Are you made more righteous because you think you’re righteous? That seems to be the notion behind the identity movement which says: identify yourself differently and you’ll become different. So, though it’s obvious that we’re not righteous due to our unrighteous thoughts and actions, we keep telling ourselves that we actually are righteous: “I’m perfectly righteous in Christ.” Because I’m a Christian, in Christ, I’m automatically righteous. It’s all a mind game.[featured-image single_newwindow=”false”]
We know our conduct is not righteous but we excuse ourselves because “I’m perfectly righteous in Christ.”
Complacency – No effort towards god-likeness is needed. You simply hang out here on earth until Jesus comes. Perhaps you’ll do something for Him. But as far as your heart is concerned, you’re good to go.
Sinfulness – Interestingly, the people I know who most strongly believe this are also people who are proud, judgmental, manipulative, and heady. Others excuse their sinful ways because they are “human” though “clothed in the righteousness of Christ.” Sin is only taken seriously in theory.
Rationalization – Literally, you reason it out. It’s right because it makes sense to you: Christ is righteous. I’m in Christ. Therefore, I’m righteous. Not necessarily. Beware, how you rationalize your behavior.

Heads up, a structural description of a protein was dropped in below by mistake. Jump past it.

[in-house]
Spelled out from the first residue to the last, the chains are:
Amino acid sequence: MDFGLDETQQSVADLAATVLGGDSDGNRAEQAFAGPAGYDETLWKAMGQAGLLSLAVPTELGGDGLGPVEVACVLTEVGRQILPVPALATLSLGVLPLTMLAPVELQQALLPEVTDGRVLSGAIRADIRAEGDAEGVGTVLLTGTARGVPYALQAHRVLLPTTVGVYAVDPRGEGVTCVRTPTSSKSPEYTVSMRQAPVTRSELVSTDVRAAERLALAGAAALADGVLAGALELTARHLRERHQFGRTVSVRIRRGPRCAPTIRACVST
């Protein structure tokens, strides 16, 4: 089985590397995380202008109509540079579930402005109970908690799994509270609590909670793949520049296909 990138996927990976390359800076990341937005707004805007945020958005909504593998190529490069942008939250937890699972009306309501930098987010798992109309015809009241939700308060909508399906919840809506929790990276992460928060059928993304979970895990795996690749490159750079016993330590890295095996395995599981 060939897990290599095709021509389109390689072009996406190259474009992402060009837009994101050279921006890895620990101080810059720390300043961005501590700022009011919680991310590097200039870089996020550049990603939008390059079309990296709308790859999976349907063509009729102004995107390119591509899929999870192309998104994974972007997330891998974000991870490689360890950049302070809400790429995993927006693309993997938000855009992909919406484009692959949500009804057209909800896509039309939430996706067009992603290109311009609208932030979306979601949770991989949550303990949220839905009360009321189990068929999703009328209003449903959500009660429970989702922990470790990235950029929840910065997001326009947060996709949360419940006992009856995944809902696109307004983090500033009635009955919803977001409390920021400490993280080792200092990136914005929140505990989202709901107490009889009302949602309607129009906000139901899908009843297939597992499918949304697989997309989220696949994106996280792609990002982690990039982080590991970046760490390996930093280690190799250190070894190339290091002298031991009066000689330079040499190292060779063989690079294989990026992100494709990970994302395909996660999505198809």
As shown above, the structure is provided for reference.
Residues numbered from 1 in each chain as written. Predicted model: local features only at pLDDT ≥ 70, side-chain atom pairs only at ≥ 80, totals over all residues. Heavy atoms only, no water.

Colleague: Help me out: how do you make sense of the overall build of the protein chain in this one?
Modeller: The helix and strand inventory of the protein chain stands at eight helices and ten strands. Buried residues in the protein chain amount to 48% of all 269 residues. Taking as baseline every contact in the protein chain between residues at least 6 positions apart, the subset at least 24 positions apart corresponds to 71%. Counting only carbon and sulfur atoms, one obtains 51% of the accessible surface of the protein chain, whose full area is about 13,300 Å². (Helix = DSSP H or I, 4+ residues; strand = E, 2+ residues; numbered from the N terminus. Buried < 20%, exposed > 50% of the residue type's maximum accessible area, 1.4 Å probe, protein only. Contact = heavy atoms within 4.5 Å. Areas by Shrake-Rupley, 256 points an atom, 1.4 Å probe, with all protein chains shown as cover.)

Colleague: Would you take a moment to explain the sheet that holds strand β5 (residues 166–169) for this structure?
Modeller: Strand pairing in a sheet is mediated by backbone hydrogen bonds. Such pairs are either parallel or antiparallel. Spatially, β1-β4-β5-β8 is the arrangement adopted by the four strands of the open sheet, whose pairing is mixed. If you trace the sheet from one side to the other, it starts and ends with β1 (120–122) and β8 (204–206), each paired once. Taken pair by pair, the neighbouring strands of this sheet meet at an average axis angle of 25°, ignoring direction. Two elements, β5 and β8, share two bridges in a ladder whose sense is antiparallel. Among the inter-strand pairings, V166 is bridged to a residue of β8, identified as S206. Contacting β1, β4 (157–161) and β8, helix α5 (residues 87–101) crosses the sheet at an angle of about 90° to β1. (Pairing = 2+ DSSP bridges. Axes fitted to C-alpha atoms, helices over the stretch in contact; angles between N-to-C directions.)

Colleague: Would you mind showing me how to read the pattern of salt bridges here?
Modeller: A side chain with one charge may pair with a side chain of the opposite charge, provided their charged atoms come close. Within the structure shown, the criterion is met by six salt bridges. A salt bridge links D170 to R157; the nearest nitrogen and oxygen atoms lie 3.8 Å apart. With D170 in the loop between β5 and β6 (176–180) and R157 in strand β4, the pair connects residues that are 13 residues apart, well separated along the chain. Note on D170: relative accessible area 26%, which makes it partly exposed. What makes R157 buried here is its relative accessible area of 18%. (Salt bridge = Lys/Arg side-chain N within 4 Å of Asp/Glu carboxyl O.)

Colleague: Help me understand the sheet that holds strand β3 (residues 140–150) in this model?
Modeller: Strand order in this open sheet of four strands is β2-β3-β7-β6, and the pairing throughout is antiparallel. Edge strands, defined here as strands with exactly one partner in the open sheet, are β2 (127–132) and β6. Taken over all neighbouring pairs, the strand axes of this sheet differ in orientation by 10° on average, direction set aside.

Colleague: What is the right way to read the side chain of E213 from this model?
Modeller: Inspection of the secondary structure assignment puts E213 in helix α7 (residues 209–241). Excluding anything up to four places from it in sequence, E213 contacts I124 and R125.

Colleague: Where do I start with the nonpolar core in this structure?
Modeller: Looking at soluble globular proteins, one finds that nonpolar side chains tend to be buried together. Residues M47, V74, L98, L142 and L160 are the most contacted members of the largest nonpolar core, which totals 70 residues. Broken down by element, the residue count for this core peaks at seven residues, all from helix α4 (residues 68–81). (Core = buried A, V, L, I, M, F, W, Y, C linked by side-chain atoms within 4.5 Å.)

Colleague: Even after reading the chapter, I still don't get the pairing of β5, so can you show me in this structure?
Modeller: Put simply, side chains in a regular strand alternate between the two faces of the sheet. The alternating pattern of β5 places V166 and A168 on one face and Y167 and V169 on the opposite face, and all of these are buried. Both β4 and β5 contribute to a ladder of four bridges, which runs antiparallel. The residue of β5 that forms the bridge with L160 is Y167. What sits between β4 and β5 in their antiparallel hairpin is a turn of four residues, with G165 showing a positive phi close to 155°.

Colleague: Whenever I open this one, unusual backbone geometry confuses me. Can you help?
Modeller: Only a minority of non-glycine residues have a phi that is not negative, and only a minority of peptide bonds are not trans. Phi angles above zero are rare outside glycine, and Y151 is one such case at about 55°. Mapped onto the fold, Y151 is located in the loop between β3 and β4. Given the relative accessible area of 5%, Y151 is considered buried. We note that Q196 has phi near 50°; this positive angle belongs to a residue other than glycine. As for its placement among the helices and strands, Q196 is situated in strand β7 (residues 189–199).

A better alternative, more in line with reality…
Let’s assume you are in Christ. Yet you know you are far from being righteous, godly, humble, loving, and just. However, because you’re in Christ you have what you need – His life, grace, wisdom, power, and strength – to more deeply participate in Him to the healing and renewal of your soul, mind, heart, and body.
Being in Christ, you really can face your sins and faults openly and clearly leading to repentance while experiencing His love, grace and mercy in union with Him.
Better to see yourself as you really are, find God present in the mess, and in repentance cry out for His mercy. Then, leave it to God to guide you into righteousness.
Being “in Christ” is not a favored position in which you become complacent but a living reality which demands your participation.
I’ll reflect on this more in my next post.
For now, reflect on your own understanding of “becoming righteous.”
Does it matter to you?
Do you excuse your unrighteous thoughts, attitudes, and actions because you’re “clothed in Christ’s righteousness?”
Do you find yourself hesitant to make an effort to become righteous because you’re already righteous?
Do you think it’s enough to believe you’re righteous in Christ?
How does your understanding of righteousness affect your daily living?